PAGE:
Wednesday, July 17, 2013

A Pathfinder interlude (or a “System Matters Post”)


Let me share my random thought of the month.

Does the rules system used at your table matters?

This discussion must be as old as our hobby (probably older due to wargames). In 80’s, with AD&D 1st, Rolemaster, Champions, GURPS etc. one could say that system was all that mattered. In the 90’s, ruled by White Wolf’s Golden Rule, system didn’t mattered. The only thing that mattered was the story, the characters, the drama… blablabla. Then we got the 2000s (and the Forge) and system matters (again).

So, what is the verdict? Does system matters?

I don’t know.

In my gaming experience I saw Gamemasters doing awesome stuff without any notion regarding the system they’re using. I also played in games where the rules system gave us great moments of fun.

However, it’s hard to deny the fact that – as a player – I would rather have a great Gamemaster with a lousy system than the opposite (and yes, the perfect scenario is a great GM and a great system, but I can count in one hand how many times that did happen in my life).

But I’m digressing and this post isn’t about that discussion (so lower the pitchforks and dump your torches). This post is about a Pathfinder interlude.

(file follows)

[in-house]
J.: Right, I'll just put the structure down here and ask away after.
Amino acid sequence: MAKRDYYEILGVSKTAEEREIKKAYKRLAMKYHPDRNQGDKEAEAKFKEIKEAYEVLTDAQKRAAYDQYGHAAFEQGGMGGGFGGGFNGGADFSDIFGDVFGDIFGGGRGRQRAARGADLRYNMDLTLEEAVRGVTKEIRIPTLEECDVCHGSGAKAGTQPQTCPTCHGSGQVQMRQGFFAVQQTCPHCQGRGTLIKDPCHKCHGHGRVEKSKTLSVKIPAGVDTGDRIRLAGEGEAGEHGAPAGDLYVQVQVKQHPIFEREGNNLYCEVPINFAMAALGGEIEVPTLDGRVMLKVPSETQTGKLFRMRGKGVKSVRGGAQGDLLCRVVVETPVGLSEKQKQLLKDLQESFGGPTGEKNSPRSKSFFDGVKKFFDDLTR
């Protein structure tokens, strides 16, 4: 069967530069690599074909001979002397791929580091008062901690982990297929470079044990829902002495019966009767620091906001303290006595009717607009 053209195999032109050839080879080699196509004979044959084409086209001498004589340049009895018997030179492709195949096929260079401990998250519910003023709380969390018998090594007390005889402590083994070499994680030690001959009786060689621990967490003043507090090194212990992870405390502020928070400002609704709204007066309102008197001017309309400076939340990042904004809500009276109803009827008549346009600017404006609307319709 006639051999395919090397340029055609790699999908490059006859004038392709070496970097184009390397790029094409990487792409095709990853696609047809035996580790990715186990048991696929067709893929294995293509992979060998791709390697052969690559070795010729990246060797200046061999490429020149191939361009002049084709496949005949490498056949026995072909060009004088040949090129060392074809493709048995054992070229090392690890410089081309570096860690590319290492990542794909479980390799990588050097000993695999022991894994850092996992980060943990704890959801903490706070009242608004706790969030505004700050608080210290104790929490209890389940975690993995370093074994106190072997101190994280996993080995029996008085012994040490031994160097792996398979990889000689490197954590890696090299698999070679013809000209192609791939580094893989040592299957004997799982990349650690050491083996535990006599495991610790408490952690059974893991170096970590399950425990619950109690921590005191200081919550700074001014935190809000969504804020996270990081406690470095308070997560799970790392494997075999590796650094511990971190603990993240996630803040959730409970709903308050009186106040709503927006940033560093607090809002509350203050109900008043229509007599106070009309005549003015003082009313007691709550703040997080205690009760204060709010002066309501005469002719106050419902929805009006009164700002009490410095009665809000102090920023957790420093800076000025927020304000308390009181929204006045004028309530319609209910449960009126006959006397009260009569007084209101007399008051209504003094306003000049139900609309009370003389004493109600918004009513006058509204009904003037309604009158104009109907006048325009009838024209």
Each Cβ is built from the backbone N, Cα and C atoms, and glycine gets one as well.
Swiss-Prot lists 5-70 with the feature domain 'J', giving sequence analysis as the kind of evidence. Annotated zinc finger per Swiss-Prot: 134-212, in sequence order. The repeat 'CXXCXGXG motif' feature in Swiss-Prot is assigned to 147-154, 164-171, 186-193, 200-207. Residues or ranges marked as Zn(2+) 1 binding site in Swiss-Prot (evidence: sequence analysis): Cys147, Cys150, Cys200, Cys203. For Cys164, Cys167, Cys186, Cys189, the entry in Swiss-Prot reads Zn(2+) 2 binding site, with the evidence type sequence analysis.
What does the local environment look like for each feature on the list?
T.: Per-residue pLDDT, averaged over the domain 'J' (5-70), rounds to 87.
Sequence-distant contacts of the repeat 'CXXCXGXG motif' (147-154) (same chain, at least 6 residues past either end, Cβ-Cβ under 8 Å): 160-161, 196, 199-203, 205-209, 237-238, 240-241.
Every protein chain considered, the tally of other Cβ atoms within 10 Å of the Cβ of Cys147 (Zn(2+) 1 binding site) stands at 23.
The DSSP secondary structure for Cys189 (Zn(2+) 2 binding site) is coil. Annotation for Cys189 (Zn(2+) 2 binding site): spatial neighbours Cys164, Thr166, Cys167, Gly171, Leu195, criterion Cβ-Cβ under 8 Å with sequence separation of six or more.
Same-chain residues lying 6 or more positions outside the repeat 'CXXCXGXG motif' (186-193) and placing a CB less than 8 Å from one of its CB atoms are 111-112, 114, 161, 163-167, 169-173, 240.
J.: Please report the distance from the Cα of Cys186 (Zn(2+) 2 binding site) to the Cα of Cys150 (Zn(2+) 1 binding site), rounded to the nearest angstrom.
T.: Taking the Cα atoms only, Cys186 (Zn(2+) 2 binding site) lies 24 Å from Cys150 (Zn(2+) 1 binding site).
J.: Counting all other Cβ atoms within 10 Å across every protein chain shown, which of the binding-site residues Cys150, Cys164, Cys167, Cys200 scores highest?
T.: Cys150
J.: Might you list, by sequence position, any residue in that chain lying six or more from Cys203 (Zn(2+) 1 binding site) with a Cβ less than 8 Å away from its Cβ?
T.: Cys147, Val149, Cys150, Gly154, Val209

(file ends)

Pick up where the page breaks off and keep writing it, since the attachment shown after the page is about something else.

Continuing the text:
You see, the catch for me is that even if system doesn’t matter, it does impact (a lot) on the way we interact and “feel” the imaginary world of our campaigns/games. Its, after all, our interface with the setting/adventure. A good GM can cheat through that interface, of course, but things feel a lot more fun and “organic” if everything in the adventure happens due to the player’s choices and interaction with the rules system. That’s the feeling that I get when I had a great game and the GM rolled all dice in our sight (the now famous Burning Wheel rule of “Let the dice fall where they may!”)

Anyway, what I mean is that the best way (for me) to get a “fresh” game experience without hassle is to invite my group to play in their most beloved settings, but using a different rules system.  I’ve played Forgotten Realms using AD&D 2nd and GURPS and they were remarkably different (and exciting) experiences. I also have run the Realms with other systems, like Savage Worlds and FATE, and I was surprised to see my players doing things that they would never try in Pathfinder. 

Use this to your advantage. Really, do this. Forget your pet system, or wonderful house system that you’ve been running for decades. Try something different, just to light things up a little. To get a different perspective, both as a GM and as a player. But keep your preferred setting.

Some of my best game experiences were due to one-shots (or mini-campaigns) where I run well known campaign settings with different rules systems. These games not only were a good change of pace, but also (re)awakened my players’ interest to new rules, tactics and roleplaying opportunities. Yes, roleplaying. When you see your old setting through new lenses, you’re motivated to try new approaches (like playing with that concept/race/class that you would never had dare in Pathfinder).